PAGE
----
Let’s say your tax function is ready to take its transformation journey to the next level. What automation options should you evaluate? What types of functionalities should a “next-generation” tax solution offer?
These are some of the more common questions that we hear, at industry events, during discussions with corporate tax and IT leaders, and with our customers. So, we decided to bring them altogether and discuss them with our guest, Kevin Permenter, IDC’s Research Director for Financial Applications, in the last episode of our Drivers of Tax Transformation podcast series.
When we asked Kevin, he responded with three answers: “cloud, cloud, and cloud.” Of course, he was exaggerating to underscore an important point. He advised that tax technology buyers for a business should start their selection process by considering software that’s purpose-built for the cloud and can quickly and easily adapt to their tax group’s changing needs through microservices, containerization, and related features.
As our discussion continued, we touched on some of the other considerations at the top of list when evaluating tax automation options: security, scalability, and flexibility. Security is crucial. Given the potential impact to their brand and reputation as well as current compliance and civil liability concerns, security is always top of mind. Organizations and their customers need to be able to trust that their data and any connections to it are secure.
Scalability and flexibility are closely related. As Kevin shared, “The idea is that the world around the tax department is constantly shifting, so they need software that allows for low-code, no-code configurations and changes that don’t put a ton of pressure -- either on the line-of-business person or on the IT team that allow them to keep up with the pace of business.”
Another consideration from a flexibility standpoint is the ease of integration. As organizations transform and their application and platform strategies evolve, having an indirect tax automation solution that can seamlessly integrate with all relevant transactional systems from both an AP and AR perspective is key. Kevin summed this up very well as he shared his thoughts, “The tax world is really connected to a long value chain of financial activities. Because of that, it’s got to be able to share data back and forth with the CRM [system], the FP&A teams, external sources of data, of course, the tax authorities. It’s got to be able to share data with all these places, so its ability to integrate and be integrated with is incredibly important.”
Tax data analytics and reporting are also key items to consider. It’s always been important to get transactional data into tax software; now, it’s equally important to be able to get data in the form of actionable insights out of the tax software. Tax leaders, CFOs, and other senior business leaders want to see tax analytics that show them how the organization’s taxability changed.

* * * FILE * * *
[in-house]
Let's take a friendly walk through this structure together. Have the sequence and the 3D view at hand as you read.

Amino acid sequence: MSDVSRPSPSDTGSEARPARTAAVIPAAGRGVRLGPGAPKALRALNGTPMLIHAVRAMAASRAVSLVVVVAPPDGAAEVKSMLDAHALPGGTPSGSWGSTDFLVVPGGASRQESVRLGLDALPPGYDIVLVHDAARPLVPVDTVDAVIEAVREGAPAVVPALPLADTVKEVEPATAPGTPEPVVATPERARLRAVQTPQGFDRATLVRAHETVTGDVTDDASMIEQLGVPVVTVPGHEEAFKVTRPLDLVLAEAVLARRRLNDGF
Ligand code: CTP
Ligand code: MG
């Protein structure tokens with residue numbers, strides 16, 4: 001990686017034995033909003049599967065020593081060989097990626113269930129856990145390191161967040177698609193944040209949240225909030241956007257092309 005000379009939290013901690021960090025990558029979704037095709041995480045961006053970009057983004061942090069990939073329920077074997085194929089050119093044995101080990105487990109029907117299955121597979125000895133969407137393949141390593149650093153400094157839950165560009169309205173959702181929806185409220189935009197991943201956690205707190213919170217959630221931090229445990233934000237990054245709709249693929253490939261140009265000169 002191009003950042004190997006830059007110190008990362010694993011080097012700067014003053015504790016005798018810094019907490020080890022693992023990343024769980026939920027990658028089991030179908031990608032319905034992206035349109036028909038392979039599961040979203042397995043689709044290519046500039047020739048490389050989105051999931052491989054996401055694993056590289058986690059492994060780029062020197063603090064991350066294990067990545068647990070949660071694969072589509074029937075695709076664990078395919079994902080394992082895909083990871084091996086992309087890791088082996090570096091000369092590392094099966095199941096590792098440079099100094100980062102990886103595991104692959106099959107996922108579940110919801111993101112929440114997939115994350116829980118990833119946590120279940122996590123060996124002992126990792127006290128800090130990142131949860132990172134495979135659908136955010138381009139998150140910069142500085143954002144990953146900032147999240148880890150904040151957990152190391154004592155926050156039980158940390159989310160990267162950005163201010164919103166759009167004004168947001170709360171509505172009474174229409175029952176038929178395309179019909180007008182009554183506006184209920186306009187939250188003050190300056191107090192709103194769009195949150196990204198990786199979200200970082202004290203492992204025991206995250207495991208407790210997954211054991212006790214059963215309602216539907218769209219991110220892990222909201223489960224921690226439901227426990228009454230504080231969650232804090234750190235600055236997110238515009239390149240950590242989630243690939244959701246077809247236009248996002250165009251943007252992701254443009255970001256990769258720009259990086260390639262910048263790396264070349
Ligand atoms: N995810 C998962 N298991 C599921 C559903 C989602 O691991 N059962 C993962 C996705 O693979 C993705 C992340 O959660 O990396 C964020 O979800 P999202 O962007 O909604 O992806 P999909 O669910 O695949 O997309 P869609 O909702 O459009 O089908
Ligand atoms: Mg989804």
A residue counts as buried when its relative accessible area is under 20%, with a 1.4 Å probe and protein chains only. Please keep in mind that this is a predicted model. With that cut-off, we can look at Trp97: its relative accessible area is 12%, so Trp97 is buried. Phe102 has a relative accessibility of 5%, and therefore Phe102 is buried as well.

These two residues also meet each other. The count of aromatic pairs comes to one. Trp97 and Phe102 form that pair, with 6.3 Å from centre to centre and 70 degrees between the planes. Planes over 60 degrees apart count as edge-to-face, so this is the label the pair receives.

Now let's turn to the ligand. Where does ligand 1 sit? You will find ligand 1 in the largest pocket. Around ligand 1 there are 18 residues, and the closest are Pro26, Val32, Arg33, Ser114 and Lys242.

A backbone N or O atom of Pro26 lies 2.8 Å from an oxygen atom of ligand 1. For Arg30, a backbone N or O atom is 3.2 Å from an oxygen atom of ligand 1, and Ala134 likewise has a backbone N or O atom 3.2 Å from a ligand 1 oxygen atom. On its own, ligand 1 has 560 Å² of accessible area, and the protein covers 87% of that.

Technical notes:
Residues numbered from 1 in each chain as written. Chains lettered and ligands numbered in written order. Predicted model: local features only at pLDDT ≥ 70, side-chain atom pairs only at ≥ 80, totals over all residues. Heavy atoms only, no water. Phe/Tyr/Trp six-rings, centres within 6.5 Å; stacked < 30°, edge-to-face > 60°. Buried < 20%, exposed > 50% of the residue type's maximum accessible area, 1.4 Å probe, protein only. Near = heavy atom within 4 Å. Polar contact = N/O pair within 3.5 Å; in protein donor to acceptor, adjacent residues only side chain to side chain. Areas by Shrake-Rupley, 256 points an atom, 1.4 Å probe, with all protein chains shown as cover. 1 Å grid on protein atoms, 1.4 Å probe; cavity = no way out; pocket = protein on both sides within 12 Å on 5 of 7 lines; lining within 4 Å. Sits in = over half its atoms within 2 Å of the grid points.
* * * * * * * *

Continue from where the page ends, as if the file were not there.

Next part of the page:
As Kevin commented, “What’s happening with our taxability footprint? What happened last year? What happened last week? What’s going to happen next week? These are the kinds of questions that businesses run off of, and they need software that can handle those questions while providing tools to help the line of business folks inside of the tax department answer those questions at speed and at scale.”
At the heart of our conversation was this basic truth: Tax leaders and their teams are moving at high speeds these days as they contend with a high volume of changes, challenges, and competing priorities. With the right platforms and tools, they can improve efficiency, free resources, and reduce risk. The key is to find the right platforms and solutions that can not only help them to address their current needs, but can also help to future proof their business, enabling them to more quickly and easily adapt to new and emerging needs in the future.
Tune in here to listen to the episode for additional insights from our conversation with Kevin. Check out other thought leader’s perspectives in our Drivers of Tax Transformation podcast series (including a discussion around predictions on how tax technology is likely to evolve in the near future).
Please remember that Tax Matters provides information for educational purposes, not specific tax or legal advice. Always consult a qualified tax or legal advisor before taking any action based on this information. The views and opinions expressed in Tax Matters are those of the authors and do not necessarily reflect the official policy, position, or opinion of Vertex Inc.